Michael Dorf has produced the New York Jazz Festival for a dozen years, opened
Dorf organized the New York Jewish Music & Heritage Festival in 2004 to celebrate September 12th, the 350th anniversary of the first arrival of Jewish people on U.S. soil. He threw together similar events at the Knitting Factory but nothing on this scale. Now, the festival draws about 25,000, makes use of more than 15 locations, and brings in talent from across the world.
“Since leaving the Knitting Factory in 2002, I’ve been working to build a new venue in lower Manhattan, and it’s taking a lot longer than I thought to raise all the money. But when I do it, it will be a phenomenal facility,” Dorf told Pollstar. “In the meantime, I’ve been a promoter in between venues and having a lot of fun with this.”
This year’s festival is slated for September 10-17 and includes performances by Moshav Band, Majestic Void, the Kol Nidre String Ensemble and a showcase of Israeli and Palestinian hip-hop.
Venues include the Crobar,
The performances include everything from Klezmer to torch music.
“I used to do the What Is Jazz Festival against George Wein’s JVC (Festival) because I found there’s so much debate about what the definition of jazz was,” Dorf said. “On some level, this festival is raising the same question: ‘What is Jewish music?’ All it does is ask the question. I don’t have an answer to that.”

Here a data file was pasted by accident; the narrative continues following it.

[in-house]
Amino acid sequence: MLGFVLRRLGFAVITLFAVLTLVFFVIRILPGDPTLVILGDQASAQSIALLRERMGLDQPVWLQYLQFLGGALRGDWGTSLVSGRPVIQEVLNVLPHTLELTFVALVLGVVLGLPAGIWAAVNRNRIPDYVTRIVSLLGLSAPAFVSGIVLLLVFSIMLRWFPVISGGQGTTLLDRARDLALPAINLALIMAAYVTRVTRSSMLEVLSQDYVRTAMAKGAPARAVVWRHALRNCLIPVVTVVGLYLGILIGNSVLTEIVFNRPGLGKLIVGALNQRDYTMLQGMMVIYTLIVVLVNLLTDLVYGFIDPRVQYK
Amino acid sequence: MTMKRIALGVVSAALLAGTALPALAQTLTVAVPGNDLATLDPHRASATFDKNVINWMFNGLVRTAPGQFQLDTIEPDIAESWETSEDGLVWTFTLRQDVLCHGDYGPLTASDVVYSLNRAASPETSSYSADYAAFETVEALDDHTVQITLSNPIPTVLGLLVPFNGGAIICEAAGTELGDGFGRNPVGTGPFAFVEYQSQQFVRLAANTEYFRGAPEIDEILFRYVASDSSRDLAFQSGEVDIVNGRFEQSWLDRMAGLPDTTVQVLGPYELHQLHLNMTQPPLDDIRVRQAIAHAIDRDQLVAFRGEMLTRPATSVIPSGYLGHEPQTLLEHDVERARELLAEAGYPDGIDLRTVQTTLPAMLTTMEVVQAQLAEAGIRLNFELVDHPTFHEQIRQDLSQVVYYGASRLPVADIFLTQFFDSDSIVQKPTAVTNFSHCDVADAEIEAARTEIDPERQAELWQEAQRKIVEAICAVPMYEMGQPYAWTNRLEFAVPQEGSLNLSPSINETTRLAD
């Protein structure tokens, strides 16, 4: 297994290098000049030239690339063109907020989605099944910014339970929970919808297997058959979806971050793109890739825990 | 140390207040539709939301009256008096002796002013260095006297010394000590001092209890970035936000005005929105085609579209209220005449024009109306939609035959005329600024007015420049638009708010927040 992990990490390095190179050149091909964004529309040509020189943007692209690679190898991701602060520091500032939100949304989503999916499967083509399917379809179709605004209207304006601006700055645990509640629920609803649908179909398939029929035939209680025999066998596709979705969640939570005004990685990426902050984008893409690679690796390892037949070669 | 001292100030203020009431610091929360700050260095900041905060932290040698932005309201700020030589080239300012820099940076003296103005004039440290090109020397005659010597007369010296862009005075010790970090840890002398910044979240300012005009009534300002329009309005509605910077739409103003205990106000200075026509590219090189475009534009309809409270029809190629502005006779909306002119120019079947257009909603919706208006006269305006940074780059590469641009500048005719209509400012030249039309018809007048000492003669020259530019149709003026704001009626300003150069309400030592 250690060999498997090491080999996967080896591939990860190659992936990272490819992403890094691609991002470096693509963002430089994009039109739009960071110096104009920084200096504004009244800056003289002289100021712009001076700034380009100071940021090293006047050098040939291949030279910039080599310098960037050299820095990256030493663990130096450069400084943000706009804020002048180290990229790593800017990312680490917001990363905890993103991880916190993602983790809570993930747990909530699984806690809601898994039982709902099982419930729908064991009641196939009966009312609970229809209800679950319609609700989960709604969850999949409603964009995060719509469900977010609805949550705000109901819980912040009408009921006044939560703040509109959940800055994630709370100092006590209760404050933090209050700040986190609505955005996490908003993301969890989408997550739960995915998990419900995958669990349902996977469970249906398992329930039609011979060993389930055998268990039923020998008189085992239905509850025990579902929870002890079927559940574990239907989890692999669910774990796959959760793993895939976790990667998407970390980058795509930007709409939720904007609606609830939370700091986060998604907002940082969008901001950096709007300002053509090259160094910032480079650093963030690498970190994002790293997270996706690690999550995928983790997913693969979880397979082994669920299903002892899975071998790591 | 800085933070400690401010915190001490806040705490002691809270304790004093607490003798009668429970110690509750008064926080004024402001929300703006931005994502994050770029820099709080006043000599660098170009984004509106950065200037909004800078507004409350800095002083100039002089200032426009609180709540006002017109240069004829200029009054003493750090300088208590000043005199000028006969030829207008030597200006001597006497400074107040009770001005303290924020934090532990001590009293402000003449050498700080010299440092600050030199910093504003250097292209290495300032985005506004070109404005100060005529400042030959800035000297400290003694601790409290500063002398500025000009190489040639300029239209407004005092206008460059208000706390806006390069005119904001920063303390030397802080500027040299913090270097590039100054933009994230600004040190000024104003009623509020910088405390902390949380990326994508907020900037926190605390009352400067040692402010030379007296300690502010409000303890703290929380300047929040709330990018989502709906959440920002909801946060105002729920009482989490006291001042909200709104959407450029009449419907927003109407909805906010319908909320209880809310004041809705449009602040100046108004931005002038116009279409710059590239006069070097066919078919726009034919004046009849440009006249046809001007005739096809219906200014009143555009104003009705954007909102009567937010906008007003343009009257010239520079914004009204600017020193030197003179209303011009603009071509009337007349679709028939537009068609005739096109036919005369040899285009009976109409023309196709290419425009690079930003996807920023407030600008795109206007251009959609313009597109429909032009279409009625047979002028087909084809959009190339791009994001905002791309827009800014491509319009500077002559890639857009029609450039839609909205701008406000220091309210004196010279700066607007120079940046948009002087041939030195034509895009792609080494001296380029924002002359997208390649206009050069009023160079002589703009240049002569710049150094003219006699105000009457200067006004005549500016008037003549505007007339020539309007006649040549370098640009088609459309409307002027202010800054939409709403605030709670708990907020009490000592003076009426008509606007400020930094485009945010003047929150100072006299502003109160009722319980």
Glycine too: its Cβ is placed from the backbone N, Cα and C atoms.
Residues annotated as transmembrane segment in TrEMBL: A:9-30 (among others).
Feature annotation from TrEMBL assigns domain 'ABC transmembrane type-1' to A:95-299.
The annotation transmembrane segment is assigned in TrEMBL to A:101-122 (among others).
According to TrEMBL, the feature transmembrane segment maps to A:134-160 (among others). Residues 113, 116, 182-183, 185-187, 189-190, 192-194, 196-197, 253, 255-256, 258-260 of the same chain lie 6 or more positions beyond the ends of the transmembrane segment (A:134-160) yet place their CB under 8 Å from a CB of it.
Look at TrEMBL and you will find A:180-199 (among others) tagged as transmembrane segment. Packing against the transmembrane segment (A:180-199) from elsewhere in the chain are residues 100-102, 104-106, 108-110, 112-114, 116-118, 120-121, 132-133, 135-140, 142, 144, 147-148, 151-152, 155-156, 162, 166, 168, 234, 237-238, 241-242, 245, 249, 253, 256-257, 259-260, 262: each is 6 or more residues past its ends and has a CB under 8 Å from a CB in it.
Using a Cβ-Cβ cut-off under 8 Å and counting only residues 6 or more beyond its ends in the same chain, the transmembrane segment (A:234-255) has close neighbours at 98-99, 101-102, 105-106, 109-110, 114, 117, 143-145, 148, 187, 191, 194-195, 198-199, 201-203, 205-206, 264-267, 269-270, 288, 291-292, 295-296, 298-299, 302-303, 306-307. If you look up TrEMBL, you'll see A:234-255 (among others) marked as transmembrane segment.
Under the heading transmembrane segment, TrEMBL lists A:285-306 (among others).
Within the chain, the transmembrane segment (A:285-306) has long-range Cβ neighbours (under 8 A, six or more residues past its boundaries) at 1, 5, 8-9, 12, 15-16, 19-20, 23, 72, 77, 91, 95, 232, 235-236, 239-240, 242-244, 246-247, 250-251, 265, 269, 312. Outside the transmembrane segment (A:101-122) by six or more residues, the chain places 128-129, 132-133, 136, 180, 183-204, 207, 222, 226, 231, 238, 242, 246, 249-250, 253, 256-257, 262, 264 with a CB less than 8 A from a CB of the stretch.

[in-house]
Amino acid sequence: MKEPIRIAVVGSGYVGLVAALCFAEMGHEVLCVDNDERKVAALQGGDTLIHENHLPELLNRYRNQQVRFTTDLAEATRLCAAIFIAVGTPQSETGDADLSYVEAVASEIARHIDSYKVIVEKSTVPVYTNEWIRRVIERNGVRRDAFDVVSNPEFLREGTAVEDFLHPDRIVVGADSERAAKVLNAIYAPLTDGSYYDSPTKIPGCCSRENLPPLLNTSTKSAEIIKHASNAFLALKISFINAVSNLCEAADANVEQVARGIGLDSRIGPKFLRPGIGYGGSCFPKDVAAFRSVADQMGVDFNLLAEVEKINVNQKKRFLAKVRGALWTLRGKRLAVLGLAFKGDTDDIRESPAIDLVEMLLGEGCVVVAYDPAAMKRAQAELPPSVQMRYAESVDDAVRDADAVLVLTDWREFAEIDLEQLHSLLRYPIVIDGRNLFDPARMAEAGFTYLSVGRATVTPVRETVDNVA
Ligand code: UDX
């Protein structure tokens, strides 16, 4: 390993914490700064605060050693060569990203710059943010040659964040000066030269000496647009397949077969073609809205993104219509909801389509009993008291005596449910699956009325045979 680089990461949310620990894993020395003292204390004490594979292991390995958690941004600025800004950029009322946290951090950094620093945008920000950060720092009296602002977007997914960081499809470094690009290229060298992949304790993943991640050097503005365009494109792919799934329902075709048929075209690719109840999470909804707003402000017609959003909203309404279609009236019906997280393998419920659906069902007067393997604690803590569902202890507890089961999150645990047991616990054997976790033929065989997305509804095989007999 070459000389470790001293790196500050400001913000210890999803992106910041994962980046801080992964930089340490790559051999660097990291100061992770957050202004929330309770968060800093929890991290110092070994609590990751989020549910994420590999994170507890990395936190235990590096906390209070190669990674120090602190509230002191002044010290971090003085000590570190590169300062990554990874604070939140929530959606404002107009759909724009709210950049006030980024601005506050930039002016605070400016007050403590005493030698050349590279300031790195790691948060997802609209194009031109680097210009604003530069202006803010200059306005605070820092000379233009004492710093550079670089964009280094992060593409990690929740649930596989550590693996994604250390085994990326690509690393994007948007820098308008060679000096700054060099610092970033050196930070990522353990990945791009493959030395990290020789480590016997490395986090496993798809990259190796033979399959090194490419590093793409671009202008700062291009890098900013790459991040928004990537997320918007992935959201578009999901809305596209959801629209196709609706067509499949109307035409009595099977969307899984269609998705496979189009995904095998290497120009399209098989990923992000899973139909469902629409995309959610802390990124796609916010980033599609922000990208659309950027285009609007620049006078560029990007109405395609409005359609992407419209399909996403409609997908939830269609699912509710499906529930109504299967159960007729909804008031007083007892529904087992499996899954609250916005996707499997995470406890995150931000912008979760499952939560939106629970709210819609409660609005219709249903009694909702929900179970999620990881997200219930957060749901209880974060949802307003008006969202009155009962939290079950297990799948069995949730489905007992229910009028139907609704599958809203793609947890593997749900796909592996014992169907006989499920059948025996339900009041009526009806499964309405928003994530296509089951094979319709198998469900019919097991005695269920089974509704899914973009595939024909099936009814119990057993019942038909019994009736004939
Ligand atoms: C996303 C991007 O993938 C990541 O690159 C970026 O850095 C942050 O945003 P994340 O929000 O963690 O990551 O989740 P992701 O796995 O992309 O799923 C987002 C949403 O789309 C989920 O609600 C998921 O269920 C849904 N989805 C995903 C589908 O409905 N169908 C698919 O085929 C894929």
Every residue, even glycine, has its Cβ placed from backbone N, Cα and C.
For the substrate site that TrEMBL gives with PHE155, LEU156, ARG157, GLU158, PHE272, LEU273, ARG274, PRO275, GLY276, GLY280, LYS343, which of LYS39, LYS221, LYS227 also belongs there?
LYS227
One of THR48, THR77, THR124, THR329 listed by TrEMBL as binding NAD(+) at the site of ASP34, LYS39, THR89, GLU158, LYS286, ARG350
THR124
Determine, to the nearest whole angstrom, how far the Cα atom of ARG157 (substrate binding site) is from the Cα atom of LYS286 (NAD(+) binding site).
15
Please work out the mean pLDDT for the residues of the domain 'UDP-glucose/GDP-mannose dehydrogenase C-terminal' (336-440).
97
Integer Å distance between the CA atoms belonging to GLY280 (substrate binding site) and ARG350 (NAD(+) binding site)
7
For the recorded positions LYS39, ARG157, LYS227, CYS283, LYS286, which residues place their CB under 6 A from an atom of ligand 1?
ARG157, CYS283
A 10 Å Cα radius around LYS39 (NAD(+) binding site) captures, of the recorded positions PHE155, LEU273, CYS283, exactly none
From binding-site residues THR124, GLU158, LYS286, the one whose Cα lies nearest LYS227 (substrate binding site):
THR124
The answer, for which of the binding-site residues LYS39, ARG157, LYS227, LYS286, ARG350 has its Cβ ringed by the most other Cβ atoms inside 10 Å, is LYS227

This year, the festival has added the Sidney Krum Conference September 12-13 at the museum, including panels on stereotypes, philanthropy and “Making Torah Hip” – followed by “Schmoozing Cocktails.”
“We also created during the festival something called Klez For Kids, which was this series we did in a downtown Hebrew school, after school, with some of the older Klezmer musicians,” Dorf said. “We had them come in and do a kid series and that was very popular.”
The week’s worth of shows can draw anyone from teenagers for the hip-hop showcase to the retired set for the Klezmer performances.
“There are so many Jews who are very much disconnected; they’re not religious and, like myself, don’t have a great draw to participate in the worship side of Judaism,” the promoter said.
“There’s a million of us or more where, if you get us in a setting where we can see Matisyahu or have some other artist, we’ll have a little higher degree of connection that is unique and meaningful.”
– Joe Reinartz